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A Poet Walks Into A Bar …

The double negative didn’t walk into no bar!humour

What’s a Grecian Urn? About twenty thousand drachmas a year after taxes!

Okay I’ll stop now, so today we’re talking about HUMOUR and like poetry, humour is everywhere and we all respond to it. Cracking jokes can take the awkwardness out of some social situations; at work it can help build relationships; it’s a coping strategy too that relieves tension taking the edge off daily stresses which is critical to promoting harmony in our lives and diffusing negative emotions. In the serious business of poetry, humour is often viewed with suspicion and yes there are a lot of nonsense verses out there, fun nursery rhymes and terrible gibberish but then you get the great stuff, the satire, the irony the comic timing from writers like Billy Collins who uses comedy to lighten the pain of loss in his poem Putting Down The Cat which we’ll read later, but also here about his dead parents in No Time, he writes:

In a rush this weekday morning,
I tap the horn as I speed past the cemetery
Where my parents are buried
Side by side beneath a slab of smooth granite
Then, all day, I think of him rising up
To give me that look
Of knowing disapproval
While my mother calmly tells him to lie back down.

So through humour he crafts a poem that is full of feeling without being over sentimental. This reminds me of something Russian playwright Anton Chekhov said about having a necessary coldness when you write ’when you want to make the reader feel pity, try to be somewhat colder … the more objective you are, the stronger will be the impression you make’. So using poetic devices such as humour, satire and hyperbole ensure that otherwise serious topics pack more of a punch.

When we laugh, we temporarily give ourselves over to those who make us laugh and that’s what we’ll do now. Today’s show features Putting Down The Cat by Billy Collins, The Cremation Of Sam McGee by Robert William Service (read by Johnny Cash), God Says Yes To Me by Kaylin Haught, Symposium by Paul Muldoon and also, in Ill-wishing Him British poet Dorothy Nimmo takes a stoical approach to her lovers departure. You know it hurts when somebody leaves us and I think that how we heal depends on how we deal. Our outlook is everything and sometimes humour can help to mend the wounds of loss. Humorists have one cardinal rule: Don’t be inhibited. It’s better to take a rebellious attitude toward sensitive subjects than to pussyfoot around them. Nimmo writes from a pared back place, of a strength gained through painful insight, and with clever sleight of hand, she wittily gets her own back on the man who walks out on her.

Now there’s a joker in every pack isn’t there. There’s always someone who will, I don’t know, lets say eat the food someone else was saving! We know who you are William Carlos Williams! Somebody has eaten all the plums – and New Jersey doctor and poet William Carlos Williams gives us a poem written in the form of a note or memo left on a kitchen table, probably a note to his wife that turned into a poem, or as the experts call it – a found poem – where you take an existing text and refashion and reorder it. Was it a fair trade for the plums she was saving for herself? Is he really sorry? Known as an innovator, his poem This Is Just To Say is written in the imagist style, a poetic form that focuses on precise imagery and sharp language.  It reminds me of younger days when I used to house-share with people and we’d all have our names left on random grocery items in the fridge or in the cupboard and woe betide anyone who put their hands on my plums!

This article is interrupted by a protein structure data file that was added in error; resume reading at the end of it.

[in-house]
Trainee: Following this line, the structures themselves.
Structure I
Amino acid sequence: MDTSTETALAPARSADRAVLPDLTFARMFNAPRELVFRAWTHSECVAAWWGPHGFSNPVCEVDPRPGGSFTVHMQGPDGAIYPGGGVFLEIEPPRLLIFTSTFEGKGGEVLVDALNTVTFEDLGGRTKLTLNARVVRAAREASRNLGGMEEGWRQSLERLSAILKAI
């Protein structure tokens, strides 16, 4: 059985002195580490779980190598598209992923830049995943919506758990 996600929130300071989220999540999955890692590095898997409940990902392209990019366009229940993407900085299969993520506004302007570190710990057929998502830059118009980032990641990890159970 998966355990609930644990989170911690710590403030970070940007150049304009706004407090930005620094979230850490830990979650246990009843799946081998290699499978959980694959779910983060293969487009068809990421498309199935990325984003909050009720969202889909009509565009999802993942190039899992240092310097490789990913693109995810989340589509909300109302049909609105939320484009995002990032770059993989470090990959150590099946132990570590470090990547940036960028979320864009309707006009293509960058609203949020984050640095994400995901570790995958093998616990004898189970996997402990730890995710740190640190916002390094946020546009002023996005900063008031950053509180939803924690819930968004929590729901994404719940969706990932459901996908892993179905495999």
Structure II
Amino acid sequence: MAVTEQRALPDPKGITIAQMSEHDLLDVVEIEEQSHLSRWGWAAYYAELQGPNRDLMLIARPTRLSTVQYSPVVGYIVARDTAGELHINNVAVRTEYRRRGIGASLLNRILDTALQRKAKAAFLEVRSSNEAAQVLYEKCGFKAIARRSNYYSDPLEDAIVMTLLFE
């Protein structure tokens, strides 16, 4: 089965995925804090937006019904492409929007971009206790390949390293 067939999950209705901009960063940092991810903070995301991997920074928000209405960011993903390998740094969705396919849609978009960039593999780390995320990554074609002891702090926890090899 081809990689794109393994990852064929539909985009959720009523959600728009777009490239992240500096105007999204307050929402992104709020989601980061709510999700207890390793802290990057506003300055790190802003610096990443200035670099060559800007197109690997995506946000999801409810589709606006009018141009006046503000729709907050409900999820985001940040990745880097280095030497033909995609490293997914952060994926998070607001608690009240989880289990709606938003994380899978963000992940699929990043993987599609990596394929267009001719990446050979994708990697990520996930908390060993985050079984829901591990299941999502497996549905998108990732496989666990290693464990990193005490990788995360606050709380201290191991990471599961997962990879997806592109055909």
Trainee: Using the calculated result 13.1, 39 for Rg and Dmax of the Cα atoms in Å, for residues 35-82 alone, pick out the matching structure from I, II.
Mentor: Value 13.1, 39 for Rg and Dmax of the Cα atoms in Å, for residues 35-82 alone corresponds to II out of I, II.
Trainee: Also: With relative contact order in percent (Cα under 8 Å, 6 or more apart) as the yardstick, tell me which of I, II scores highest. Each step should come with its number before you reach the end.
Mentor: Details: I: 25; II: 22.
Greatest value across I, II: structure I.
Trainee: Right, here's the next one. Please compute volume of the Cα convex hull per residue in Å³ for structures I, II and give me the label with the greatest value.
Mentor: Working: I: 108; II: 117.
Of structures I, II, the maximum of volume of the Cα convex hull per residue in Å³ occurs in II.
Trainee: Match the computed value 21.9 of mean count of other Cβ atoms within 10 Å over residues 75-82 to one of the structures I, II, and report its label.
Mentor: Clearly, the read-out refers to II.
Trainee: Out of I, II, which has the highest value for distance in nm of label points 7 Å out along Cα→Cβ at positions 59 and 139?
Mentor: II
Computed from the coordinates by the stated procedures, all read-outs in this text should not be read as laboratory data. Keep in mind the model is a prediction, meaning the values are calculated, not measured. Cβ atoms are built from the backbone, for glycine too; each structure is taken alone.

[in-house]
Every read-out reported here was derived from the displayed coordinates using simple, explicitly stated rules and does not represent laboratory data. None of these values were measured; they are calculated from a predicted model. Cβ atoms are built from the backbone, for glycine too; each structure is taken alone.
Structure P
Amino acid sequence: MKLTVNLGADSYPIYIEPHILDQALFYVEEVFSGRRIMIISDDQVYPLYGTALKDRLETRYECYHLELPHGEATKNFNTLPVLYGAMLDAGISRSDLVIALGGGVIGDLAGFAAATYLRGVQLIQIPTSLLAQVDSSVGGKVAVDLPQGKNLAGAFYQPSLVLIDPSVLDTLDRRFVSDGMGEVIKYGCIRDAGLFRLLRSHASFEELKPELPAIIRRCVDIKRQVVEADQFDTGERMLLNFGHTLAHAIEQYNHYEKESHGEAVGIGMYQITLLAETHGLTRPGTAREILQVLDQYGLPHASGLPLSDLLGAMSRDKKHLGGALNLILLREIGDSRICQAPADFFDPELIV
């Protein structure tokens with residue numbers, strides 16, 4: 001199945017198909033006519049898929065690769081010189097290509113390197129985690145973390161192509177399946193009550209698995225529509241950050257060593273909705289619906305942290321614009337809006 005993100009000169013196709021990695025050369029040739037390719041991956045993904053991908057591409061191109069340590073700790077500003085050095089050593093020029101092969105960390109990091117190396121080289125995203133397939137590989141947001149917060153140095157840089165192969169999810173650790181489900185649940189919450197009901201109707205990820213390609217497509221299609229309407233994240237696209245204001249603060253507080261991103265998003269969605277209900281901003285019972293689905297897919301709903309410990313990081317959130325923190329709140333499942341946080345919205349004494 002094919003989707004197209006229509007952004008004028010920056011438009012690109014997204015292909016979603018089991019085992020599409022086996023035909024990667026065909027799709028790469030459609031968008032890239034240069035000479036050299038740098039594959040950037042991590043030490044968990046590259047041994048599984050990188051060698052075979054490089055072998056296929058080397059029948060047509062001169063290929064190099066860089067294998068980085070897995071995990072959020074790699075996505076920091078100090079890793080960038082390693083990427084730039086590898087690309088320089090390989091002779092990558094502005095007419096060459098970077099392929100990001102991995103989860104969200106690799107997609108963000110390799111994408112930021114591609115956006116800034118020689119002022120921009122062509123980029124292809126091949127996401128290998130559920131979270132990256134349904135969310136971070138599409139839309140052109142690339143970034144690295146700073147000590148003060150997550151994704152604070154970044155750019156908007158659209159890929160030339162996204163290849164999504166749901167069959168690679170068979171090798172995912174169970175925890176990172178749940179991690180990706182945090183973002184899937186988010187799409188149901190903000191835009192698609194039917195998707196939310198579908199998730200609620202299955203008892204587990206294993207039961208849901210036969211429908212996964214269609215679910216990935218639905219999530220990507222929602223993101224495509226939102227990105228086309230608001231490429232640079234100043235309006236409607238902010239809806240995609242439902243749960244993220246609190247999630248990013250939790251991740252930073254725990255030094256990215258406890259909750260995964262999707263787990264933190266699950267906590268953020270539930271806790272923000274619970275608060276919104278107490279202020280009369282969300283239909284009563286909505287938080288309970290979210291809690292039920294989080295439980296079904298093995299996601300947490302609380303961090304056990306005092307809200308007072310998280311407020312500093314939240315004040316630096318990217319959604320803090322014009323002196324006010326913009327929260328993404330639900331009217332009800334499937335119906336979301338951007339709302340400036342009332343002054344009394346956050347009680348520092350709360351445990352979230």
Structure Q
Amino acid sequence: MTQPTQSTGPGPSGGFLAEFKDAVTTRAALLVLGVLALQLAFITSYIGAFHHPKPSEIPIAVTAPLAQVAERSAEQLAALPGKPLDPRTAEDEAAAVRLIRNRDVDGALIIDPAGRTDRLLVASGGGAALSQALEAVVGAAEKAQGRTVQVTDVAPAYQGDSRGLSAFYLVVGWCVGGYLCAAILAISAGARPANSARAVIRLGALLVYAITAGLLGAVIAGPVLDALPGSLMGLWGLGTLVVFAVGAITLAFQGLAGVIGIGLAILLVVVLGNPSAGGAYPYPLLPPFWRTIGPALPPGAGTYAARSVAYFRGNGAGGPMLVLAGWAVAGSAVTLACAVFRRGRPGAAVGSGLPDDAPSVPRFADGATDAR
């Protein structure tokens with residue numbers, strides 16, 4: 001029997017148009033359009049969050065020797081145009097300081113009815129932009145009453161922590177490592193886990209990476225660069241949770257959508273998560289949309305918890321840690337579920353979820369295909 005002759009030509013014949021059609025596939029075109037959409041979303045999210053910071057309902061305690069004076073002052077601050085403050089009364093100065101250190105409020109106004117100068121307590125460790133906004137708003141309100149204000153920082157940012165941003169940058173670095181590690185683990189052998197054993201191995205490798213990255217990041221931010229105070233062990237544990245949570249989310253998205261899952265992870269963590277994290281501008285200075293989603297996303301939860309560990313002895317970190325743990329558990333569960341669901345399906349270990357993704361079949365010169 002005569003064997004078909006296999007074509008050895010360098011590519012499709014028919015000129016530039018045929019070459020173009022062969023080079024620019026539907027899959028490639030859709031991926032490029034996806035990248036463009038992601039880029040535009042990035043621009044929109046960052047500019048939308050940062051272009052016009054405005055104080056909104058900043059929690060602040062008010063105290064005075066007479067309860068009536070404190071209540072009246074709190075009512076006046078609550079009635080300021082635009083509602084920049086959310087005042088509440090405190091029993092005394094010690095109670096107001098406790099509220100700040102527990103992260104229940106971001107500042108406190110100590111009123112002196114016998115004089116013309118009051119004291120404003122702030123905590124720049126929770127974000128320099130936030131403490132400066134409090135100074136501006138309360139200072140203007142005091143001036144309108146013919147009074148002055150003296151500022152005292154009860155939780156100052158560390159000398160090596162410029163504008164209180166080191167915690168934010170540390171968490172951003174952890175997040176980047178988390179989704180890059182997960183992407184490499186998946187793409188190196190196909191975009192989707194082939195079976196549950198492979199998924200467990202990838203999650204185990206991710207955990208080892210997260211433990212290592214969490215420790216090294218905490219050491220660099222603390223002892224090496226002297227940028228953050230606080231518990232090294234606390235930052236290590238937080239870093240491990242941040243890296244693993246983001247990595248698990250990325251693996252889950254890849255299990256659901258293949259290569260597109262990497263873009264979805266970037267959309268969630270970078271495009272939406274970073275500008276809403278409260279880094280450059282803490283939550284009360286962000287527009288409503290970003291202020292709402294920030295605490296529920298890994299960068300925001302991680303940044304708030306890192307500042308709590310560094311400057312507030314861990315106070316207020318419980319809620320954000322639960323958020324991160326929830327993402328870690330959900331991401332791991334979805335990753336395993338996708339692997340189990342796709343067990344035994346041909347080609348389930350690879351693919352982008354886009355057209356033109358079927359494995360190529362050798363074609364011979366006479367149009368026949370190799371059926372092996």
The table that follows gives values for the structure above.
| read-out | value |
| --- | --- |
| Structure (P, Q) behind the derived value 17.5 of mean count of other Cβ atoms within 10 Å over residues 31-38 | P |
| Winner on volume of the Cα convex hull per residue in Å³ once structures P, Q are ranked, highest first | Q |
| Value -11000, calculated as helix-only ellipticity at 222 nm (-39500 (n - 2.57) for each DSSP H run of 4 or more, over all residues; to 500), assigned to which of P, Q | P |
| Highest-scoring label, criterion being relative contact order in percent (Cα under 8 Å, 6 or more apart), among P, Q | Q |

Next, the American poet and playwright Kenneth Koch gives us a spoof on the plum poem in his Variations On A Theme. Labelled as just a comedic poet, Koch himself spoke of the comic element as something that enabled him to be lyrical. But he was a very funny poet and here in Variations On A Theme By William Carlos Williams, Koch extends the original poem from one to four topics in what seems like almost a retaliation for Williams having eaten the plums! The plums were being kept for breakfast but with Koch now having nothing to do he chops down Williams’ house and so on, asking for forgiveness as Williams does in the original.

Remember humour can have a significant positive effect on our lives. Laughter, as they say, is the best medicine and it’s one of the first things we learn to do as newborns. And funny people receive a lot of attention and admiration don’t they? Most studies find humour to be a highly desirable attribute, which probably explains why the acronym GSOH is so popular in dating ads. Humour is big business too, when you think that it influences many of our daily decisions about what books or magazines to read, TV shows to watch, marketers’ are constantly trying to grab our attention with funny ads and products, all with their own in-house humorists writing them. And for writers, its all about imagination, constantly asking what if?, looking at ordinary things in extraordinary ways, it’s imagination that drives comedy and practically everyone has an imagination – or else no one would ever get married BOOM BOOM!